City Living and Mental Health in History

  • Sandro Galea
  • Emily Goldmann
  • Andrea Maxwell

Cities have long been the subject of literary and academic interest as a powerful force shaping the health of populations. Writers from several eras in Western European history considered cities as places that were detrimental to health, and in many ways, for much of history, cities were characterized by features that were unquestionably linked to poor health. Percy Bysshe Shelley (1819), an English romantic poet, observed that “Hell is a city much like London.” Indeed, a full collection of the writings that have denounced cites or deplored living conditions in cities would fill several volumes (Marsella, 1995).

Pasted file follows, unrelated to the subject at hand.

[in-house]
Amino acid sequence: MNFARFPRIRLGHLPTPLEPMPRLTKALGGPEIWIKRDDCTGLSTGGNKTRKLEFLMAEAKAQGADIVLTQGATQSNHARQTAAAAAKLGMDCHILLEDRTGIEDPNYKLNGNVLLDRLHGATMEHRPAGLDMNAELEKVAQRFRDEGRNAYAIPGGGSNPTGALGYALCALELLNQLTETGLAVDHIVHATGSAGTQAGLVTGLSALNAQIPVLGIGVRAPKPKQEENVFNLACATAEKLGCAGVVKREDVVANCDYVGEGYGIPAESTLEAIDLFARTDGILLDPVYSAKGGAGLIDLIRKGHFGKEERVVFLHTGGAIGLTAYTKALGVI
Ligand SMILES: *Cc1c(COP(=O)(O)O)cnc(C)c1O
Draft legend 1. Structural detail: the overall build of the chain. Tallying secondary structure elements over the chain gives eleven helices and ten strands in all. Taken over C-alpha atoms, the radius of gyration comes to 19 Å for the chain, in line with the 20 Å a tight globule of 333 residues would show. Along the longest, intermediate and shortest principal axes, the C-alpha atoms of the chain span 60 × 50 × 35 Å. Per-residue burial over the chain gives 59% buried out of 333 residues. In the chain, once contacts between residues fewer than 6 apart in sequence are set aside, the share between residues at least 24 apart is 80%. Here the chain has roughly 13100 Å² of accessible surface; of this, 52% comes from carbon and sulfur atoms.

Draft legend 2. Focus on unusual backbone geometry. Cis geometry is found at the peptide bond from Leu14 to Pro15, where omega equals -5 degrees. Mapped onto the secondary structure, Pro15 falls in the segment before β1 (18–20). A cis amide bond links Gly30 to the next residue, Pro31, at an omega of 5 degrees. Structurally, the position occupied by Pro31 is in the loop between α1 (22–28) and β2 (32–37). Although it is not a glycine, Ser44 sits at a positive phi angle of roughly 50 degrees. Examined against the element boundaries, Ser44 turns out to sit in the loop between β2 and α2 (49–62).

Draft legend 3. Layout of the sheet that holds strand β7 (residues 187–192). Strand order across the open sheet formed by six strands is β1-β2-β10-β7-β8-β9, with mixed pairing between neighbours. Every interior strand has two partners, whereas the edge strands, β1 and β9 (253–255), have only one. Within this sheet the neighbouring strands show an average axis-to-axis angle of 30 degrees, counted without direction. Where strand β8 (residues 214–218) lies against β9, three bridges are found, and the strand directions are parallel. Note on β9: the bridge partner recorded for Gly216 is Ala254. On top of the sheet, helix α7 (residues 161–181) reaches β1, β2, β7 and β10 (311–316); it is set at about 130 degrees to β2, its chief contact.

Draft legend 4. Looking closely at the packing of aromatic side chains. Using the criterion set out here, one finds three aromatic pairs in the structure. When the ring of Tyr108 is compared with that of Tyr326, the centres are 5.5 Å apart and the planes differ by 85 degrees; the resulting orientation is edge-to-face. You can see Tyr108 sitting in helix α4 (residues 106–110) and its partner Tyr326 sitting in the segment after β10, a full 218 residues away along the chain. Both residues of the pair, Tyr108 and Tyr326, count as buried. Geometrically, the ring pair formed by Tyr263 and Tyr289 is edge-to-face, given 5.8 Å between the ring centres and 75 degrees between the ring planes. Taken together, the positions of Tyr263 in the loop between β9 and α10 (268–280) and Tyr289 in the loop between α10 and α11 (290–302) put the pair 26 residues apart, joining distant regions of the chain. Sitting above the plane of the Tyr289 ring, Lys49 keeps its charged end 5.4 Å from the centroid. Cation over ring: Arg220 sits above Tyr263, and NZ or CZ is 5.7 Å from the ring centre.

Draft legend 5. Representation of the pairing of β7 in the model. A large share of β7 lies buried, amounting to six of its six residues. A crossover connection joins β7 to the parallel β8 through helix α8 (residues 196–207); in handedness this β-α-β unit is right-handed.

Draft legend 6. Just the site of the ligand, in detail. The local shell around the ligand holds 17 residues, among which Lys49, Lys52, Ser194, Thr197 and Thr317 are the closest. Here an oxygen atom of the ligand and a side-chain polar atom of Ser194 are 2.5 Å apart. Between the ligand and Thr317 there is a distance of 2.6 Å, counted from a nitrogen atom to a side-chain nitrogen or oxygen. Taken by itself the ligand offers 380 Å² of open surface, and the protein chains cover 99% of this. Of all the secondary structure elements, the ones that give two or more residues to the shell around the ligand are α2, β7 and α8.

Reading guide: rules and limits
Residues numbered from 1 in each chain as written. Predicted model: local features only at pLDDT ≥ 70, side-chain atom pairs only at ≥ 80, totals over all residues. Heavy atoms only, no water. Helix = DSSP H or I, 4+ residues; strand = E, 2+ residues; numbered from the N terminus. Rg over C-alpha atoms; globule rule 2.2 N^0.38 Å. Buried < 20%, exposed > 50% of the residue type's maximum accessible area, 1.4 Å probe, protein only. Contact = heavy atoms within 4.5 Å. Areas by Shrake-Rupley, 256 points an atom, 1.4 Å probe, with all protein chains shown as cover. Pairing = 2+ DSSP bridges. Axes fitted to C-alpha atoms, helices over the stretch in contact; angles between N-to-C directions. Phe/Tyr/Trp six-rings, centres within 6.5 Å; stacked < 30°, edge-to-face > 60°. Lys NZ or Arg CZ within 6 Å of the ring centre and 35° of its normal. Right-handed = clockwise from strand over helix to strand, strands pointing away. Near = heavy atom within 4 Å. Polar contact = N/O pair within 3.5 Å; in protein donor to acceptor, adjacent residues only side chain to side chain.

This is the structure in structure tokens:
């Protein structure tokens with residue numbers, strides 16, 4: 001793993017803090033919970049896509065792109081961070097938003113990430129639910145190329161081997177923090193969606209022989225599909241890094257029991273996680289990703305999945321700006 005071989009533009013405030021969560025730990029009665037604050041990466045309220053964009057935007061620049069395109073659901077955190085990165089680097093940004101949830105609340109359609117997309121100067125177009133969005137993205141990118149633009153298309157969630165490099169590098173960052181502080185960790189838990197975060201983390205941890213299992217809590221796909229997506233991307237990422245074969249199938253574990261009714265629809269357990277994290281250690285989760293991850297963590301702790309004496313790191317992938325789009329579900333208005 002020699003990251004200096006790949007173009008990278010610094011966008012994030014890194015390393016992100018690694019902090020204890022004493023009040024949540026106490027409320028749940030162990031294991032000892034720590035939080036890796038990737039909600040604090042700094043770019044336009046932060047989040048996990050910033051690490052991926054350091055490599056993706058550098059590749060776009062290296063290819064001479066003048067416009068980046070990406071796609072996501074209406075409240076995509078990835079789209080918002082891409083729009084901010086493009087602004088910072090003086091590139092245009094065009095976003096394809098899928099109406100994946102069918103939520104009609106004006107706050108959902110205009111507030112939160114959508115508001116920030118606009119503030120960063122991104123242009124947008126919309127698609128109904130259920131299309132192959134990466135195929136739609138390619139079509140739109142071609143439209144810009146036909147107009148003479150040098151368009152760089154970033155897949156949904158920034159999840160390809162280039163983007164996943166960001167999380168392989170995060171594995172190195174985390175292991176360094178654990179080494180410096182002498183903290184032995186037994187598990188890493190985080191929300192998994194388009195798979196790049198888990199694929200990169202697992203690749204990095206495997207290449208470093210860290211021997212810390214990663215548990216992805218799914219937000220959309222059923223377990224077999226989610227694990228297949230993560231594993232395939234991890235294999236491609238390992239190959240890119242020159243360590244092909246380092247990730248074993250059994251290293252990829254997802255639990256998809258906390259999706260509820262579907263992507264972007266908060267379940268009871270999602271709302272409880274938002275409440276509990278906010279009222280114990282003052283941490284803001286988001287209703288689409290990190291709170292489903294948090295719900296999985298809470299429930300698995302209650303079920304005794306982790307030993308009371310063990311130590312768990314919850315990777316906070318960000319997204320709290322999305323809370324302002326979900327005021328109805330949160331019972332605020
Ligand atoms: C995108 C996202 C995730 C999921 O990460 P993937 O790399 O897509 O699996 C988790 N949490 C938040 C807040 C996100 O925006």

It is worth considering why historically so many leading thinkers have considered that cities could be detrimental to health. Most of the early thought about cities and how they might unfavorably influence human health arose from the growing role played by cities in European life over much of the past millennium. As cities grew—particularly as the Industrial Revolution...


Mental Health Psychiatric Morbidity Social Connectedness Spatial Segregation World Trade Center 
These keywords were added by machine and not by the authors. This process is experimental and the keywords may be updated as the learning algorithm improves.



The authors are grateful to Robin Konkle Mays for editorial assistance. Work on this chapter was funded in part by grants DA 02270, DA 017642, and MH078152 from the National Institutes of Health. This chapter is in part adapted from Galea, S., Bresnahan, M., & Susser, S. (2006). Mental health in the city. In N. Freudenberg, S. Galea, & D. N. Vlahov (Eds.), Cities and the health of the public (pp. 247–276). TN: Vanderbilt University Press.


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Authors and Affiliations

  1. 1.University of Michigan, School of Public HealthAnn Arbor

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